• Humans have evolved in humid environments where water vapor in the atmosphere selectively absorbs light–as you look into the distance things get bluer and bluer. We unconsciously perceive distance using the air’s absorption of light. Antarctica is the driest place on earth. The humidity in the Dry Valleys averages about 1 or 2 percent. The air’s dryness adds an additional dimension to an Antarctic experience–light doesn’t change color with distance. Mount Erebus, 120 miles away, will look exactly like it would if you were right next to it. It’s hard to visually calculate any distance.

Scientist Uncovers Earth’s Mysterious Layer


Laboratory measurements of a high-pressure mineral believed to exist deep within the Earth show that the mineral may not, as geophysicists hoped, have the right properties to explain a mysterious layer lying just above the planet’s core.



A team of scientists, led by Sébastien Merkel of the University of California-Berkeley, now at CNRS/the University of Science of Technology of Lille, France, made the first laboratory study of the deformation properties of a high-pressure silicate mineral named post-perovskite. The work appears in the June 22 issue of the scientific journal Science.



The team included Allen McNamara of ASU’s School of Earth and Space Exploration, part of the College of Liberal Arts and Sciences. McNamara, a geophysicist, modeled the stresses the mineral typically would undergo as convection currents deep in Earth’s mantle cause it to rise and sink. Also on the team were Atsushi Kubo and Thomas Duffy, Princeton University ; Sergio Speziale, Lowell Miyagi and Hans-Rudolf Wenk, University of California-Berkeley; and Yue Meng, HPCAT, Carnegie Institution of Washington, Argonne , Ill.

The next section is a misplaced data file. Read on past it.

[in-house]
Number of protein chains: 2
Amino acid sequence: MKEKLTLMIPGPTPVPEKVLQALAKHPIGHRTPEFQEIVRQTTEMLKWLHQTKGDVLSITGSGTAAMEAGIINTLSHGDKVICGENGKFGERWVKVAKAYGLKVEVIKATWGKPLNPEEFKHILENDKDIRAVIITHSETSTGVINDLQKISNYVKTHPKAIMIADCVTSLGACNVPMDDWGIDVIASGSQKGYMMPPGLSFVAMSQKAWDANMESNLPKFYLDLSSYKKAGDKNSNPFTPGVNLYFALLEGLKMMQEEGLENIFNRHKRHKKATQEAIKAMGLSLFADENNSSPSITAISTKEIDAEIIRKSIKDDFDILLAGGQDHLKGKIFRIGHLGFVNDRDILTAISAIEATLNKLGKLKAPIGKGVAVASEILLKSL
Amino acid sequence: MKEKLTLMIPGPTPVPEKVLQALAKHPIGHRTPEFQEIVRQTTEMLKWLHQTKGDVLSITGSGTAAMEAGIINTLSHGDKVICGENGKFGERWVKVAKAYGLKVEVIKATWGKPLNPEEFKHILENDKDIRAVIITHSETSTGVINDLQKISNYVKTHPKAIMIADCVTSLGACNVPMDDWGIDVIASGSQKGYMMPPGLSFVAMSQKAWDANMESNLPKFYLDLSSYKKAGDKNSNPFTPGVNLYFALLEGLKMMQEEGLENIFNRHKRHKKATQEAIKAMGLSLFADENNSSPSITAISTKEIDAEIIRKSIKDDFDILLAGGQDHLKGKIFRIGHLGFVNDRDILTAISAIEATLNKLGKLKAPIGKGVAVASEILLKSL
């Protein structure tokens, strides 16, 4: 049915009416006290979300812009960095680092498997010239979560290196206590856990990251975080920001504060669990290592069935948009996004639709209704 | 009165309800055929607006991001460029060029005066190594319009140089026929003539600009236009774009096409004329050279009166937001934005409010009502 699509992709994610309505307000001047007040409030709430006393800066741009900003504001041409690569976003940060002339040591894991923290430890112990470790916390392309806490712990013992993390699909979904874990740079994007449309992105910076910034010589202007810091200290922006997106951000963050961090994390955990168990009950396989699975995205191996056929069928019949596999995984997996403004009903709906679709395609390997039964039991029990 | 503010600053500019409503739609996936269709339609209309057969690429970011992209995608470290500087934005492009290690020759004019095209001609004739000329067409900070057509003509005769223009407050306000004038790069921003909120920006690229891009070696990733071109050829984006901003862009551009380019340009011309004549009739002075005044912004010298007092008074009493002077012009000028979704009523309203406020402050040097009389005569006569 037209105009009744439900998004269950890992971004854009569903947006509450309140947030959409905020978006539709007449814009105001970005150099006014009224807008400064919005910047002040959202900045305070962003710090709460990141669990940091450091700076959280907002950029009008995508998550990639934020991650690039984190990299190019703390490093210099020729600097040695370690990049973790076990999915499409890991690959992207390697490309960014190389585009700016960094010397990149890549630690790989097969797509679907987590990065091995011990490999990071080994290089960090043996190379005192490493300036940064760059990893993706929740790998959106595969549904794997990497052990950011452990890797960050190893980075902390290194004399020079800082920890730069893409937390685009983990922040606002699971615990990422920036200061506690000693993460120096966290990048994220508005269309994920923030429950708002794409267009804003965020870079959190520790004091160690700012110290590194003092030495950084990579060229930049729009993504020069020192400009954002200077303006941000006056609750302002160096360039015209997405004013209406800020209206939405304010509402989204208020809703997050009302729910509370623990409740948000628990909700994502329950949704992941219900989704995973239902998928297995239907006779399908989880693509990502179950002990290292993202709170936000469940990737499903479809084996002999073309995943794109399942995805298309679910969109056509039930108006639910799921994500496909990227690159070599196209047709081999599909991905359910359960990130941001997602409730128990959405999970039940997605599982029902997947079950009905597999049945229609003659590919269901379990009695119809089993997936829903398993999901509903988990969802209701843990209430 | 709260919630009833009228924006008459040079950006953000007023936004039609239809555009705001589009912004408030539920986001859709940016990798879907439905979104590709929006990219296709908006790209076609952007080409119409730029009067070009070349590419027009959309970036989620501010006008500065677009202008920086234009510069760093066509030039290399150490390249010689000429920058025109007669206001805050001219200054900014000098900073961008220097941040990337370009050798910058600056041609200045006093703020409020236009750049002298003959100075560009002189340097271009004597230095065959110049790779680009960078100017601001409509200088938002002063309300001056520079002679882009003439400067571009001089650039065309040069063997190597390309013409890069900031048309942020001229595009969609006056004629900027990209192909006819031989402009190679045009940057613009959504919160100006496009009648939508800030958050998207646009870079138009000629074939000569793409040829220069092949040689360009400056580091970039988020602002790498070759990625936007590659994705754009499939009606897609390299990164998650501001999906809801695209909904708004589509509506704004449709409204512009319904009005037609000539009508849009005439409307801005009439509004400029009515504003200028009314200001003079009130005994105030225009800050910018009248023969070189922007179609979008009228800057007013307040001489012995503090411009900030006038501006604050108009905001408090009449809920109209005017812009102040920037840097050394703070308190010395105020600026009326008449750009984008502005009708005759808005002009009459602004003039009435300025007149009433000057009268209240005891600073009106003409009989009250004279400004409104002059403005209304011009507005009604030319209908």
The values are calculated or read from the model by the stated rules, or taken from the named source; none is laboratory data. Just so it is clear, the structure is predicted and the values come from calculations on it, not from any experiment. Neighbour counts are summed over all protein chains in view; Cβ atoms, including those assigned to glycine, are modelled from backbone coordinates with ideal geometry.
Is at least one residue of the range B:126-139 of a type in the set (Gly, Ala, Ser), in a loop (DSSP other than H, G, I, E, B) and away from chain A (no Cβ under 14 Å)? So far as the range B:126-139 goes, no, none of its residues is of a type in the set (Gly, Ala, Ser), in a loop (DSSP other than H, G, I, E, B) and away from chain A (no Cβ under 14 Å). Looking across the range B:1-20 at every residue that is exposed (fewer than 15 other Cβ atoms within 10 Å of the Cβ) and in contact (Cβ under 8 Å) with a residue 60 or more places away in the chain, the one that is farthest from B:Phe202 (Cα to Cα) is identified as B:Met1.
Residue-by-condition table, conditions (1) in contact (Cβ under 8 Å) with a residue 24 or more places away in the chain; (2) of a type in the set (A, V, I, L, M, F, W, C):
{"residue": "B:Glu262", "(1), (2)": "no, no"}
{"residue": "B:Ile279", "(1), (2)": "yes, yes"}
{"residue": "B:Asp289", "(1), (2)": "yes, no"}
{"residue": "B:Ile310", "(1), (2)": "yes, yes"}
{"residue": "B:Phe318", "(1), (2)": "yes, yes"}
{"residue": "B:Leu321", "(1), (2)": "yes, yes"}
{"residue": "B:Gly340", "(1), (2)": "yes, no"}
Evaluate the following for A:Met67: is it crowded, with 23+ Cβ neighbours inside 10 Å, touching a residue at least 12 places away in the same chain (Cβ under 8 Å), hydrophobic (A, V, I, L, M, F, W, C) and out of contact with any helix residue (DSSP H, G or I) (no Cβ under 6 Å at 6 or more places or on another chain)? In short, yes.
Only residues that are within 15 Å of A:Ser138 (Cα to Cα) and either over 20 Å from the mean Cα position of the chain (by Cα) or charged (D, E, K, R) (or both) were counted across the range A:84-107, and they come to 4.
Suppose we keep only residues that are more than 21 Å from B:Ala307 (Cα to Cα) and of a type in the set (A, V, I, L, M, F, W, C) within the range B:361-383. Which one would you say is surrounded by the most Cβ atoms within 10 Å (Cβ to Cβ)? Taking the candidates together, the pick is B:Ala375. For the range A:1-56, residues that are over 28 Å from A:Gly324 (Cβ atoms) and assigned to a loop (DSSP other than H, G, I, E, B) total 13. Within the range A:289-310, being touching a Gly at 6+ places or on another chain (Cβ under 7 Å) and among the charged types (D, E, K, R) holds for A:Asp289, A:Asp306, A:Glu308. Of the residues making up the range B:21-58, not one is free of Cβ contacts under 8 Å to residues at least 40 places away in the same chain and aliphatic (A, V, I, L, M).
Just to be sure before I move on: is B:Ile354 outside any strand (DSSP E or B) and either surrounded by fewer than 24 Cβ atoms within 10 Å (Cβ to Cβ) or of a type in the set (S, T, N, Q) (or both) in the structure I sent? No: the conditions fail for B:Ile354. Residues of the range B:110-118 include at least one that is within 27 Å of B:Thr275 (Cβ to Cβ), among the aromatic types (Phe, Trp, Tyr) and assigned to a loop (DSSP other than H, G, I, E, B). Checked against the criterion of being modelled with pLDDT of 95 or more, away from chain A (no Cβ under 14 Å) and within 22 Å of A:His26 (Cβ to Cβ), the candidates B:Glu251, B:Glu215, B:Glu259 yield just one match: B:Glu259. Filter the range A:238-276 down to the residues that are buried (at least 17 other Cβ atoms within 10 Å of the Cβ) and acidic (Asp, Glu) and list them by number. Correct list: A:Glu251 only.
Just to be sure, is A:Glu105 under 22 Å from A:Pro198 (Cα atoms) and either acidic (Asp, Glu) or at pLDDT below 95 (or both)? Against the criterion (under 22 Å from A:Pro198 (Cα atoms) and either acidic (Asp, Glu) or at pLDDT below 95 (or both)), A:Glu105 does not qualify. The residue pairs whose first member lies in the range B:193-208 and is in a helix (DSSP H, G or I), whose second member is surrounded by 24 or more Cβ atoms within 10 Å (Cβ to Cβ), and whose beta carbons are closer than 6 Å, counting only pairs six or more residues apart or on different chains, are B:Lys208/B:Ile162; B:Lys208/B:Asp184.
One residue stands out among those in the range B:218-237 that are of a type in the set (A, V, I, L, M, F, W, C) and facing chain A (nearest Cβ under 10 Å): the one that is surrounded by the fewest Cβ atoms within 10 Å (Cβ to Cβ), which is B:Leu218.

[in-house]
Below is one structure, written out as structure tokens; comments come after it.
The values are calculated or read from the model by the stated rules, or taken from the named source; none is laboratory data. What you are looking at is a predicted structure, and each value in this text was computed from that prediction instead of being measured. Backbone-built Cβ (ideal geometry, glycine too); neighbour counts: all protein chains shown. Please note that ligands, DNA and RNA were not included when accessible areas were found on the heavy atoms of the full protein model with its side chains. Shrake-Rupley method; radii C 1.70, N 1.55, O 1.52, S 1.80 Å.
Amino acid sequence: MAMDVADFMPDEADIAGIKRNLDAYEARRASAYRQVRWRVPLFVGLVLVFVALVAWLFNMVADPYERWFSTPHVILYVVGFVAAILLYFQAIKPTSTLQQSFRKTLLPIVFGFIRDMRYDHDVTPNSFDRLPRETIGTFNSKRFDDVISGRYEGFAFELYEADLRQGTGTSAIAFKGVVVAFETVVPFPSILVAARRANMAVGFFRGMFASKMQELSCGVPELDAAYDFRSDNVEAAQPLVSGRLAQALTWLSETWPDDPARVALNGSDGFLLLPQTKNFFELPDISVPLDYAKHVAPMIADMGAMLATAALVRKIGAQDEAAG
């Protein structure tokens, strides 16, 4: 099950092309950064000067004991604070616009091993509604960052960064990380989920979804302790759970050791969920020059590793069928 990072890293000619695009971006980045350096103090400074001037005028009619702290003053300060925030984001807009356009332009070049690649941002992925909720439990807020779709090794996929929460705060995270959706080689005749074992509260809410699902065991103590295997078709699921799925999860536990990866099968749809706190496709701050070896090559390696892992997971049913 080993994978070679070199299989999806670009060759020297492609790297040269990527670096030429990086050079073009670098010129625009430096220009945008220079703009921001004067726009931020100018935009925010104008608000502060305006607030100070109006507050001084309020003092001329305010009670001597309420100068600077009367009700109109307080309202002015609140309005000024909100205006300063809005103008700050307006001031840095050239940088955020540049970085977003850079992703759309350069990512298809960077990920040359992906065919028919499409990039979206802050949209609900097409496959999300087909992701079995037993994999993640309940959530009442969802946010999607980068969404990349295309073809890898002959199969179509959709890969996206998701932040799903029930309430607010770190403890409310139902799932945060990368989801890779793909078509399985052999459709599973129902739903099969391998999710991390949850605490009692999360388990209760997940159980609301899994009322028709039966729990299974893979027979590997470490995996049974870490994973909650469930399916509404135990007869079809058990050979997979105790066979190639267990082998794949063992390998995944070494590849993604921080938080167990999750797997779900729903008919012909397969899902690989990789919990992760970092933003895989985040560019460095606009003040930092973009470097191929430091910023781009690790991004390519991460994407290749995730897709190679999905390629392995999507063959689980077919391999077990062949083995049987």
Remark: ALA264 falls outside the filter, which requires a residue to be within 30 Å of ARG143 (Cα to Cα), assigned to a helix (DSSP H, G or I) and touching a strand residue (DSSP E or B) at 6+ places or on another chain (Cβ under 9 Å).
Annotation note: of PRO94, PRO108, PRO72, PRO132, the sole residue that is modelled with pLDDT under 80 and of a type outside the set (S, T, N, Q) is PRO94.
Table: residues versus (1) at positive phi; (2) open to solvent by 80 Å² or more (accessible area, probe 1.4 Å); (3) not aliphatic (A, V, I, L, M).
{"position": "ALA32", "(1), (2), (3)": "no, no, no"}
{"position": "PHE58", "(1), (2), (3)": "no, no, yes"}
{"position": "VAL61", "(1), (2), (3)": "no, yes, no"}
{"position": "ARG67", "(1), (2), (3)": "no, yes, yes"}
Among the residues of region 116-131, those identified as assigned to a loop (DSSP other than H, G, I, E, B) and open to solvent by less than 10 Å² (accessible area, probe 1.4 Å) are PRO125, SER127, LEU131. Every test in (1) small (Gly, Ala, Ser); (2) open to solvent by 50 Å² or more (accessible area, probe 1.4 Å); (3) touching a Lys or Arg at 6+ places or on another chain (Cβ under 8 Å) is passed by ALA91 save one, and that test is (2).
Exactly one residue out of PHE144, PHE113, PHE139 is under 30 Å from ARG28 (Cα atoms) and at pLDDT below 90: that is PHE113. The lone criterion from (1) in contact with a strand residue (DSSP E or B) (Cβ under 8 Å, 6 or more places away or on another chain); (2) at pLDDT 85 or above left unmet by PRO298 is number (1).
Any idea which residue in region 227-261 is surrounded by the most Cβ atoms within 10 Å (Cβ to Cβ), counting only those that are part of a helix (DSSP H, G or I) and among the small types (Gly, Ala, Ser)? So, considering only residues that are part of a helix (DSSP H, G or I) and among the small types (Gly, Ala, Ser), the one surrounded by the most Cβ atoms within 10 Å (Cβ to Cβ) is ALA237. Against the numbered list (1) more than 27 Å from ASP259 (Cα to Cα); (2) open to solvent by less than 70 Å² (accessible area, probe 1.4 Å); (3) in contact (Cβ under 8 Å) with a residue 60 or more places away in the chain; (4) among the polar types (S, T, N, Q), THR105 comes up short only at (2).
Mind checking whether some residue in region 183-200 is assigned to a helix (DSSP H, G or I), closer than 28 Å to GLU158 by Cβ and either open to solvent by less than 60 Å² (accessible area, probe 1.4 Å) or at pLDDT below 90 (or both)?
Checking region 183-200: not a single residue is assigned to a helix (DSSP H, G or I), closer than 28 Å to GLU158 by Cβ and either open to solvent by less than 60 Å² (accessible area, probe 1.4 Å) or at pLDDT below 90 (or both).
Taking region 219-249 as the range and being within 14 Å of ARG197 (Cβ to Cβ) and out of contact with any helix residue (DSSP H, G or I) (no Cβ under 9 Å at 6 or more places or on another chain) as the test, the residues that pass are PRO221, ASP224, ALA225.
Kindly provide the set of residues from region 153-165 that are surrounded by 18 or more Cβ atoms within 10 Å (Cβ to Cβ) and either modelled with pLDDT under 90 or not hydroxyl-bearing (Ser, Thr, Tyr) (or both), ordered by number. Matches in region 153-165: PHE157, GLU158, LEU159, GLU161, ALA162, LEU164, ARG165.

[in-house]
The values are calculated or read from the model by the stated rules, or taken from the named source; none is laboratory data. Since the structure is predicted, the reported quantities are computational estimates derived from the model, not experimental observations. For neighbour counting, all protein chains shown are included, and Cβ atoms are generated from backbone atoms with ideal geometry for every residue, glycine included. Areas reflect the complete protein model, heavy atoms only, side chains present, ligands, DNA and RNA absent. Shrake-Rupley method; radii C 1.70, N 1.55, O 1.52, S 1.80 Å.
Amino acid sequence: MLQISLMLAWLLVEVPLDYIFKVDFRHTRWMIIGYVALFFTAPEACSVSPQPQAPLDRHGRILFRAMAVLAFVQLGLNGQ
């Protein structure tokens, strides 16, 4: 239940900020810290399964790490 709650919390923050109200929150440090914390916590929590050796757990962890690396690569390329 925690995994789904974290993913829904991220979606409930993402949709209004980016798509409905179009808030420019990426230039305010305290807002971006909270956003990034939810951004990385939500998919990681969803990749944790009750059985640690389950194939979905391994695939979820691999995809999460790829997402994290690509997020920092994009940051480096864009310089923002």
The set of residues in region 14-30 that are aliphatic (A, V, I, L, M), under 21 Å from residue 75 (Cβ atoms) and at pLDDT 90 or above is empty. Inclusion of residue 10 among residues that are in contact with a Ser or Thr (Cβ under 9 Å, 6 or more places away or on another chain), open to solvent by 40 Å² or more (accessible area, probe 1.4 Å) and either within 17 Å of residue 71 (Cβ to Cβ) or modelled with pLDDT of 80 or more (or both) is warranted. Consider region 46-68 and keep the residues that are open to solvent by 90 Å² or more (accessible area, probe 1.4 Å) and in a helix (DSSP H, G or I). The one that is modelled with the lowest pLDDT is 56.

“This the first time the deformation properties of this mineral have been studied at lower mantle temperatures and pressures,” McNamara says. “The goal was to observe where the weak planes are in its crystal structure and how they are oriented.”



The results of the combined laboratory tests and computer models, he says, show that post-perovskite doesn’t fit what is known about conditions in the lowermost mantle.



Earth’s mantle is a layer that extends from the bottom of the crust, about 25 miles down, to the planet’s core, 1,800 miles deep. Scientists divide the mantle into two layers separated by a wide transition zone centered around a depth of about 300 miles. The lower mantle lies below that zone.



Most of Earth’s lower mantle is made of a magnesium silicate mineral called perovskite. In 2004, earth scientists discovered that under the conditions of the lower mantle, perovskite can change into a high-pressure form, which they dubbed post-perovskite. Since its discovery, post-perovskite has been geophysicists’ favorite candidate to explain the composition of a mysterious layer that forms the bottom of Earth’s lower mantle.



Known to earth scientists as D” (dee-double-prime), this layer averages 120 miles thick and lies directly above Earth’s core. D” was named in 1949 by seismologist Keith Bullen, who found the layer from the way earthquake waves travel through the planet’s interior. But the nature of D” has eluded scientists since Bullen’s discovery.



“Our team found that while post-perovskite has some properties that fit what’s known about D”, our laboratory measurements and computer models show that post-perovskite doesn’t fit one particular essential property,” McNamara says.


That property is seismic anisotropy, he says, referring to the fact that earthquake waves passing through D” become distorted in a characteristic way.